By Sgt. Natalie Rostek, USA
Special to American Forces Press Service
Dec. 14, 2007 - Soldiers and leaders of 1st Battalion, 15th Infantry Regiment, 3rd Heavy Brigade Combat Team, attended a ribbon-cutting ceremony Dec. 11 to open a health clinic in Wahida, Iraq. Four months ago, city council members came to the regiment's leaders with concerns about the existing clinic's lack of space and equipment, said Army Capt. Matthew Givens, from Columbus, Ga., the battalion's non-lethal effects officer.
Council members and soldiers decided to renovate the existing building by adding more examination rooms, an emergency room and an upstairs apartment for the doctors with two bedrooms, a kitchen and a bathroom.
"This clinic gives the doctors a lot more to work with, and they will be able to treat more patients," Givens said. "With the upstairs apartment, doctors can stay overnight. Before, the doctors would have to come from Baghdad early, then leave and go back to Baghdad that same night."
Wahida has no hospital, Givens said. The new clinic will serve as the city's primary medical facility. It has enough room to bed patients overnight instead of treating them and sending them home.
"The clinic is going to be helpful to the Wahida citizens," Dr. Taher Awaed, the clinic's director, said through an interpreter. "The clinic is good. However, with a few more pieces of equipment, it will be perfect. But everyone is very grateful."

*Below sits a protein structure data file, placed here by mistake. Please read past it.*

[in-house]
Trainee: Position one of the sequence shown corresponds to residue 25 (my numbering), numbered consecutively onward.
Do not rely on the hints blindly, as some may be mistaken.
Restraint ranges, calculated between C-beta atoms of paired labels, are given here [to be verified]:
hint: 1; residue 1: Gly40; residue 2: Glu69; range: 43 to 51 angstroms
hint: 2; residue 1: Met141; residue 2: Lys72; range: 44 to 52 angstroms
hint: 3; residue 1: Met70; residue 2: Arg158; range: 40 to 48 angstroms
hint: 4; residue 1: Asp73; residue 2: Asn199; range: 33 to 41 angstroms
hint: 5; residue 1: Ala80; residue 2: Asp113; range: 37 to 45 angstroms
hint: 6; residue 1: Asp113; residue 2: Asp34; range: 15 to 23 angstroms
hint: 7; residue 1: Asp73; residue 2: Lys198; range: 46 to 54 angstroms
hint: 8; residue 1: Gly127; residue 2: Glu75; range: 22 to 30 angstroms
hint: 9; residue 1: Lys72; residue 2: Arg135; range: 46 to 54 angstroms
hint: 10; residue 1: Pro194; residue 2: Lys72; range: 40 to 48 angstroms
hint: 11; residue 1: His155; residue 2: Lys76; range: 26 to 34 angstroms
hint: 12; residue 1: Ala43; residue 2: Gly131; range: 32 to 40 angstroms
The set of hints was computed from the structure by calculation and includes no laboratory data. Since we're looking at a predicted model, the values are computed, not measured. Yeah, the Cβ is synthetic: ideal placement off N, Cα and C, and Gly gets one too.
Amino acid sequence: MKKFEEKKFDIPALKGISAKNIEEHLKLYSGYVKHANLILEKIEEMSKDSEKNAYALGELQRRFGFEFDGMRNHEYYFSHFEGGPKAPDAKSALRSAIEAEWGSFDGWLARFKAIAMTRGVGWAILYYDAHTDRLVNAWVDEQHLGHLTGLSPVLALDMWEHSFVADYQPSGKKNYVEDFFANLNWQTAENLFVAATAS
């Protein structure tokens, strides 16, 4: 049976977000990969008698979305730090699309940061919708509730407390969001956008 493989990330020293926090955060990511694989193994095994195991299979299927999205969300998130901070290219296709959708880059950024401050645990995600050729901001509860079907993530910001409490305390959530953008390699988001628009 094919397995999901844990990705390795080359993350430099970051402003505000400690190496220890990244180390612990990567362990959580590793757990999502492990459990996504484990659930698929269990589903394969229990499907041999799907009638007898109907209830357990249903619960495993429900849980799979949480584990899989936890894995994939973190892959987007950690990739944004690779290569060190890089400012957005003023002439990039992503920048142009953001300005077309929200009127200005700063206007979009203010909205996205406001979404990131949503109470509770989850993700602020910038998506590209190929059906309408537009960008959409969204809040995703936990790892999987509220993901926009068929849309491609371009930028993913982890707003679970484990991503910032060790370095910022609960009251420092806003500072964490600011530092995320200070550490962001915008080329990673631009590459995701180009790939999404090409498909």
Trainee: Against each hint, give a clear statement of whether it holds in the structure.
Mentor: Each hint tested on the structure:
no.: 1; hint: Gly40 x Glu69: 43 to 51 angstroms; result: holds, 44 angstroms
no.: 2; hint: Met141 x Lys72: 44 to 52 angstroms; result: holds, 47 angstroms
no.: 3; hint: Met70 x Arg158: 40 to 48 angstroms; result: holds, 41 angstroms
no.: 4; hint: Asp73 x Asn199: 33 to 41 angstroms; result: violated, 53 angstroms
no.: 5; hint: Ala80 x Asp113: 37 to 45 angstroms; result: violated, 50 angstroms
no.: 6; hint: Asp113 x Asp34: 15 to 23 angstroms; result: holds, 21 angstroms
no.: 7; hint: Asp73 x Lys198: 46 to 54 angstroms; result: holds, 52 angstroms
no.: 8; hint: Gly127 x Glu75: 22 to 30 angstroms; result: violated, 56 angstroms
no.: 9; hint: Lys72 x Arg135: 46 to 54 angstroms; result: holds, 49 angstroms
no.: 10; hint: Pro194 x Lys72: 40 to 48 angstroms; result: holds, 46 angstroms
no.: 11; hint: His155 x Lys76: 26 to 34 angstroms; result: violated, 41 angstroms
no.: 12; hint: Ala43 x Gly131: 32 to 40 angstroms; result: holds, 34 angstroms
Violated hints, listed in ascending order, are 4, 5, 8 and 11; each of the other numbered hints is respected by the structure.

Givens said more equipment, including an X-ray machine, is on the way.
After the ribbon-cutting ceremony, doctors and medics from 203rd Brigade Support Battalion and 489th Civil Affairs Battalion, a reserve unit from Knoxville, Tenn., attached to 3rd Heavy Brigade Combat Team, held a free medical operation.
Soldiers used four of the new health clinic rooms to treat men, women and children from all over the city. Patients came to the medical staff with ailments ranging from the common cold to blood pressure problems.
"This is a way for me to give back to humanity," said Army Capt. Aaron Wilson, from Watertown, N.Y., battalion surgeon with 203rd Base Support Battalion.
When patients were ready to be seen, they explained their medical issues through an interpreter to a physician or medic from 3rd Heavy Brigade Combat Team.
"Going through the translator is tough," said Sgt. 1st Class Wayne Pack, from Knoxville, Tenn., a medic in the 489th Civil Affairs Battalion. "You have to concentrate. You can't lose focus. After the conversation is translated, I sometimes wonder if I'm getting the full story. I enjoy it, though. We get to see a lot of sick people, and that's what we do. Most of these people don't have a lot of money. If we didn't do this, they wouldn't be getting any medical attention at all."
Awaed and Wilson agreed the villagers appreciated the free medical treatment.
"I can see it in their eyes," Awaed said through an interpreter. "They are very thankful for the coalition forces for their help. Together, we just try to help as many people as we can."
"Everyone I saw was so grateful," Wilson said. "They all smiled and said, 'thank you'. I just wish I could do more."
(Army Sgt. Natalie Rostek is assigned to 3rd Heavy Brigade Combat Team Public Affairs.)